When we first heard that the same studio that makes the fluidly acrobatic, lushly visualized Prince of Persia series was going to make a Teenage Mutant Ninja Turtles game, we were thrilled. In our minds, no other team on Earth was better suited to blend the four things that define the turtles: a dark personality (in the original comics at least), incredibly acrobatic ability to treat an entire city like a jungle gym, teamwork, and high-flying martial arts shell-kickery complete with different weapons, styles and co-op moves.
Or so we thought. Unfortunately, TMNT isn't the game we'd hoped for; the one that would finally have the teen turtles growing from the basic brawler playpen into gameplay adulthood and taking their place in the over-21 line. Rather, it's more a case of them going back to Jr High and snapping the lady turtles' training bras because they're still too immature to actually ask them out.
The trouble is, this franchise has incredible potential and it just doesn’t realize it at all. First off, there are four ninja turtles. There have always been. Why then, is this a solo mission? Okay, the PSP version adds an ad hoc racing mode, but that just makes things worse. Playing alone only makes sense when you're playing as the fifth character, Raphael's masked alter-ego the Nightwatcher. Which is a nice touch, frustrating or not.
On the plus side, the turtles feel incredibly nimble as they hotfoot the whole of New York, from sewers to rooftop. They run, jump, pull-up, pole-swing and wall run so easily, smoothly and intuitively that Spider-man himself would approve. The real Spider-man we mean, not that half-hearted, "quitting after three movies" poser. Each has a specific move that helps him get around, too: Donatello pole vaults with his bo staff, Michelangelo spins his nunchuks like copter blades to glide, the sword-swinging Leonardo literally teleports through iron bars and gates, and Raphael just shoves the shafts of his sai into any vertical surface and pulls himself up like a stabby spider.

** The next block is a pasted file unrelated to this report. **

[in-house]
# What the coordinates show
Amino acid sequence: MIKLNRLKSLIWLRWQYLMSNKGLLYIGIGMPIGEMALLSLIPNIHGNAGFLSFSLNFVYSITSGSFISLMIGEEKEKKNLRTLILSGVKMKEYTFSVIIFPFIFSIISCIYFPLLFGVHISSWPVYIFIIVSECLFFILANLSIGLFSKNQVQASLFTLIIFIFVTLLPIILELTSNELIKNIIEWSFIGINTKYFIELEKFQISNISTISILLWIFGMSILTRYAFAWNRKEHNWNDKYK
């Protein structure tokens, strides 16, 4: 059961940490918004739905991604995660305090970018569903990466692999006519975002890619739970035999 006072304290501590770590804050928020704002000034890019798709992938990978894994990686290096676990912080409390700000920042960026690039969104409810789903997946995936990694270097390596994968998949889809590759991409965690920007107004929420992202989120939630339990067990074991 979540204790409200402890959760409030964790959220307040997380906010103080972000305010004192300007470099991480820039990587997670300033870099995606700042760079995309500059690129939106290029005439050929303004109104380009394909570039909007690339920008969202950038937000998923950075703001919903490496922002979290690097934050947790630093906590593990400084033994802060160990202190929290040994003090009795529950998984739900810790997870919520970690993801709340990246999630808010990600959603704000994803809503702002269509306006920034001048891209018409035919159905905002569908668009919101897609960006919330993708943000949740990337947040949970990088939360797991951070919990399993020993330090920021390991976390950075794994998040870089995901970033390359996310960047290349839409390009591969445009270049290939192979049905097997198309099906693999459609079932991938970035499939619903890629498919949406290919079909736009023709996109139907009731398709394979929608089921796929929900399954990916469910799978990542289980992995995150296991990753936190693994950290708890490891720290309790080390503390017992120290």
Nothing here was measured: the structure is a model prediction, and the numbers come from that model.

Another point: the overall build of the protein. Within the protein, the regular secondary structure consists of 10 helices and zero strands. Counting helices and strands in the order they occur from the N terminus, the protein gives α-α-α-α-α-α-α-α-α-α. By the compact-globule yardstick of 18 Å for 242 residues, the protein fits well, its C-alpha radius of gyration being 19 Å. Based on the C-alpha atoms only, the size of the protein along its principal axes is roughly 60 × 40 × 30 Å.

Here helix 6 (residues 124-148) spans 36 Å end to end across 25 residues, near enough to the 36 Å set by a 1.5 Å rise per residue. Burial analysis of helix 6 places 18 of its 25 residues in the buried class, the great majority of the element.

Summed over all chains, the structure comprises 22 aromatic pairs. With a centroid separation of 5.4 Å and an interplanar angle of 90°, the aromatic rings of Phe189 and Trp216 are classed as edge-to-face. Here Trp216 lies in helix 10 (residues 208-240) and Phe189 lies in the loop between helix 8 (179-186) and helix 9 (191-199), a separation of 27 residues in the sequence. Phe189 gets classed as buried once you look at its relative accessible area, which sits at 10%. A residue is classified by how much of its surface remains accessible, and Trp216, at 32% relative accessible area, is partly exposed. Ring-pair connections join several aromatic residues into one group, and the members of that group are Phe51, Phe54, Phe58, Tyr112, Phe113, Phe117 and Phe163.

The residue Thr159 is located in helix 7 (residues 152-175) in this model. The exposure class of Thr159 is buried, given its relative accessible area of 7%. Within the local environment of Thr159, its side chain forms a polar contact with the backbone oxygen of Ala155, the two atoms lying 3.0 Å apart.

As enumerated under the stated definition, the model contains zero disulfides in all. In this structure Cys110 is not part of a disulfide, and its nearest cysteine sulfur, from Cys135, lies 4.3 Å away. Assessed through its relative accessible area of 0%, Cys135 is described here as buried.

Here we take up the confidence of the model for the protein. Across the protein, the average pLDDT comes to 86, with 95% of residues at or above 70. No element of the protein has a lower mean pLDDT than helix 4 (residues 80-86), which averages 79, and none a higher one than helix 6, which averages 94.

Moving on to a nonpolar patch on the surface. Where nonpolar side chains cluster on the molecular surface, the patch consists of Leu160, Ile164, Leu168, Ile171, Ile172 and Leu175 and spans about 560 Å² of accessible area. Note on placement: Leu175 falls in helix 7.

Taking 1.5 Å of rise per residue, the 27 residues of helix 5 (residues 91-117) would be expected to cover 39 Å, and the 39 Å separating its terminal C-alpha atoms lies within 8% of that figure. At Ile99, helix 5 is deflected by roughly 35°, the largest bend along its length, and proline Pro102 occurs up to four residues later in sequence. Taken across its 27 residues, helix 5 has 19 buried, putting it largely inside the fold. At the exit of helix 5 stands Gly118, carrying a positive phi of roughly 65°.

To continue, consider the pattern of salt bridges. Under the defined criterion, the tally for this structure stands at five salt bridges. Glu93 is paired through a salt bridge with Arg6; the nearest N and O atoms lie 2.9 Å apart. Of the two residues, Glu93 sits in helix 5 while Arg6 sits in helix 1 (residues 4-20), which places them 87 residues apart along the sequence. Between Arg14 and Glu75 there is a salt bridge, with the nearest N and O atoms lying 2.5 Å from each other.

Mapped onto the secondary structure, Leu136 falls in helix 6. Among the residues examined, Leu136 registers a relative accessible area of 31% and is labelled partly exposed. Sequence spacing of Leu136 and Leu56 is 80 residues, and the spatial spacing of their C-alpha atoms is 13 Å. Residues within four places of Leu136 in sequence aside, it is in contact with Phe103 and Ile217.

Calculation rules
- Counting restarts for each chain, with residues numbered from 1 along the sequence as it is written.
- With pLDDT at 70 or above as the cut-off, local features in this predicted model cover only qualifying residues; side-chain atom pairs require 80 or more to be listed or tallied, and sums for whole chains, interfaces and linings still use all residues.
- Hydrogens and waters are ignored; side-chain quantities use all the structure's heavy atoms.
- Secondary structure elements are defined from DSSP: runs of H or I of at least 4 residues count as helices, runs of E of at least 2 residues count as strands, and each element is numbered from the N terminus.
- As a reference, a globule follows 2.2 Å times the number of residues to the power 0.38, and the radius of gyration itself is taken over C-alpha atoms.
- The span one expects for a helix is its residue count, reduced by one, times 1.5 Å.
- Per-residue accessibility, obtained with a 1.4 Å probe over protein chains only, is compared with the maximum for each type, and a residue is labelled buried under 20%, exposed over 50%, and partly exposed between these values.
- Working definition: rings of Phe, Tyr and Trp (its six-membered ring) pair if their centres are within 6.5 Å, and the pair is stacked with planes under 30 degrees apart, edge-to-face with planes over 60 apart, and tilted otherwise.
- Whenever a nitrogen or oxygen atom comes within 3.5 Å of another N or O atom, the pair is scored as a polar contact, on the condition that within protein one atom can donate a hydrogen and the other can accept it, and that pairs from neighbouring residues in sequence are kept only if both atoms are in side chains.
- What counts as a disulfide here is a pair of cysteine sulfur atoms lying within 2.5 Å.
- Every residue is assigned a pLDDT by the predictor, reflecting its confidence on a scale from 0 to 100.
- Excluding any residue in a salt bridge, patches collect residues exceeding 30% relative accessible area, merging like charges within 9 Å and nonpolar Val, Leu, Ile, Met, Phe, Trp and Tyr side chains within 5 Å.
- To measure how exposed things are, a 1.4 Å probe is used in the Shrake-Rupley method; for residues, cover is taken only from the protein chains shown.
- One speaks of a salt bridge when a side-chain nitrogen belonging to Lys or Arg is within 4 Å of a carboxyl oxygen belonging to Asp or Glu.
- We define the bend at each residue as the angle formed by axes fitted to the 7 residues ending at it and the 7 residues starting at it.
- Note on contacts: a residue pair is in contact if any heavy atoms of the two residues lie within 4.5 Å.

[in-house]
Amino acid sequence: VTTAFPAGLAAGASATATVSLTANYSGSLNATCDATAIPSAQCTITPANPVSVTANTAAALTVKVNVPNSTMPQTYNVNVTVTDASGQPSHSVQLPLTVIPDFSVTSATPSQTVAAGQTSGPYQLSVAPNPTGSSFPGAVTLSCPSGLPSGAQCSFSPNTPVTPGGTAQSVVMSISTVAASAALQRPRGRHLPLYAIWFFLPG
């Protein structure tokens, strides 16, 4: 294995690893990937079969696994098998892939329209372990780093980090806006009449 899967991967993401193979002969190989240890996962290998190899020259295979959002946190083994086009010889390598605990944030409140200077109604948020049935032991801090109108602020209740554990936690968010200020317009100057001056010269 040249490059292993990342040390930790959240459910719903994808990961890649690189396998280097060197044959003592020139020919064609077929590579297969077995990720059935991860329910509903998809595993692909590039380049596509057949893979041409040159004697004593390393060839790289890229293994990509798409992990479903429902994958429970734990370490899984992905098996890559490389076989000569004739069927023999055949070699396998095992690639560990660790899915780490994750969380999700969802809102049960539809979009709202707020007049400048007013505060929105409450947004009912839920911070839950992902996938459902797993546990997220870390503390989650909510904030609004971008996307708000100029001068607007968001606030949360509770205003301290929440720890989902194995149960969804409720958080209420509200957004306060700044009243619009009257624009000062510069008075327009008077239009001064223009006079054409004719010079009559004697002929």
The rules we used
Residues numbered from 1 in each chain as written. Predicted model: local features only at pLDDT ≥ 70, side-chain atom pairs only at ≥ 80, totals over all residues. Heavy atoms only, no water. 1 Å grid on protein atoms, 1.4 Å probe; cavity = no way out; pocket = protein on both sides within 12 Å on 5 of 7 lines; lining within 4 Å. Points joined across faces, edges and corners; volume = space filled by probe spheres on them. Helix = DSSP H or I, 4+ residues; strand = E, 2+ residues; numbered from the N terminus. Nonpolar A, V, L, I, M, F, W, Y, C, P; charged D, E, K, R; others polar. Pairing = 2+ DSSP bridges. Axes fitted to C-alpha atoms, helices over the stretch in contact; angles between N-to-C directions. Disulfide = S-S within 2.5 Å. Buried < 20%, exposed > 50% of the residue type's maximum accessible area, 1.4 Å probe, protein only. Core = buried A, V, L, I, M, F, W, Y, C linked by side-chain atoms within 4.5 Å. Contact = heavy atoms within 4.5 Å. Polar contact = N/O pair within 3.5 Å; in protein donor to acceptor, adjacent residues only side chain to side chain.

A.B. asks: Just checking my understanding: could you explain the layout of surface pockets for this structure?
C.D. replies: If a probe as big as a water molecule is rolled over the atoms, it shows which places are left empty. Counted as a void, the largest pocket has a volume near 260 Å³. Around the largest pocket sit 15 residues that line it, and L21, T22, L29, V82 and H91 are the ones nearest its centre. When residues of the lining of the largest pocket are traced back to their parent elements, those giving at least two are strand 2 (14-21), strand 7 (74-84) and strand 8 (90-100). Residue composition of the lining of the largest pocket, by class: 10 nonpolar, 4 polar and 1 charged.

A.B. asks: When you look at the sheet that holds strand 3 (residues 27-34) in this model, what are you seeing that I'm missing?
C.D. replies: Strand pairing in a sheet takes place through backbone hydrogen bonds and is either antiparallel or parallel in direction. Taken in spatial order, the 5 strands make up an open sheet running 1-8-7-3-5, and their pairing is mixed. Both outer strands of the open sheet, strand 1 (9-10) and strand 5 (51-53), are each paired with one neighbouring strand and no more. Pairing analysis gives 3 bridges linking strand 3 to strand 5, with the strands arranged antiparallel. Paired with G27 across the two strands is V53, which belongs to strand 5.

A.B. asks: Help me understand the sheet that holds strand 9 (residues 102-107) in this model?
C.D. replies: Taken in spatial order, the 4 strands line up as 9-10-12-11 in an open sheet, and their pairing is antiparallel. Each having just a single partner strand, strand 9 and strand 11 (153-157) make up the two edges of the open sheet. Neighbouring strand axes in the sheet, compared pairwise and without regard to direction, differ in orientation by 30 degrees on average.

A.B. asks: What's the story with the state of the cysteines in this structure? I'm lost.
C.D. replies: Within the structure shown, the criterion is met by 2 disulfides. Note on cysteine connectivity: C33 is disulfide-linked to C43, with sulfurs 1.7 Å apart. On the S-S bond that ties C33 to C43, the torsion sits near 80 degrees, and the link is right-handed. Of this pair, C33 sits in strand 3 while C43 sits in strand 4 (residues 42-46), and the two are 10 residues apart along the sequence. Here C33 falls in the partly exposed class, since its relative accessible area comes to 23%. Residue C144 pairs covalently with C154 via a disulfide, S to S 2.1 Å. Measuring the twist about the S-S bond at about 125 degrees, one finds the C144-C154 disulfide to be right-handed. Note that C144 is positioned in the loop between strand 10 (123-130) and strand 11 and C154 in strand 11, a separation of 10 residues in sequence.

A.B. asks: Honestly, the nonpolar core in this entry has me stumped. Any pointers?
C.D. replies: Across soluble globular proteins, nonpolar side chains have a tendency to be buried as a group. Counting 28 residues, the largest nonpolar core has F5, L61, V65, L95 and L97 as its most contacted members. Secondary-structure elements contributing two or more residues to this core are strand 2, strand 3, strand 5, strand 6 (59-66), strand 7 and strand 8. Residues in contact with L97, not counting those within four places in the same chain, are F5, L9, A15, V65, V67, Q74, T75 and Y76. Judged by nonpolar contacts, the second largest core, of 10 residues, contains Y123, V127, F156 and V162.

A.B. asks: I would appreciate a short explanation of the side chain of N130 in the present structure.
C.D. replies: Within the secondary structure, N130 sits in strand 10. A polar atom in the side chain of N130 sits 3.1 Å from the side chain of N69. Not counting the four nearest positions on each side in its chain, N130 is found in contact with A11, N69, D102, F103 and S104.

But this too feels like a missed opportunity - not enough puzzles really capitalize on these abilities and how they interact. A multiplayer game that required the turtles to co-ordinate their efforts and powers could have rocked so much harder. For that matter, so could a camera that chose better angles and thus caused to fewer missed jumps due to misjudged distances.
When it comes time to put a green-tinted bludgeoning on some generic gang bangers or foot-clan ninjas - even a rare boss - you're handed a pool of moves so shallow that a real turtle could stand flat-footed on the bottom and barely get his chin wet. You've got some basic kicks and swipes, a ground-pounding shock wave to clear out crowds, and a tiny selection of special or team up attacks - mostly grabbing another turtle by the feet and swinging him in a circle. But even this move just reminds you of first, figure skating and second, of how much wasted potential there is here. You usually stomp the enemies anyway, because they're all brain-dead, but... argh.
The various versions all have their weaknesses. The 360 and Wii versions are ten bucks more, apparently because 360 is the prettiest and Wii comes with nine single-player mini-games and a "wiggle to slash, jiggle to kick" control scheme that we ran from almost immediately. The PC one looks okay too, but clearly wasn't developed with higher-than-TV resolutions in mind. PS2 is cheaper, but fugly. And the GameCube one exists, which is a marvel in and of itself these days.
This could have been the greatest four-player brawler in history. Seriously, it could have - with deep, coordinated multi-player combat and vast, multi-tiered levels full of environmental puzzles and surprises. But, like the film itself, the game aims low and ends up typical and forgettable. It's even short, at maybe six hours if you stretch it. If this was a real turtle, it would be the one sitting on the side of the road watching cars whiz by, not the one lacing 'em up to take on the rabbit and the road and dare its way to immortality in the history books.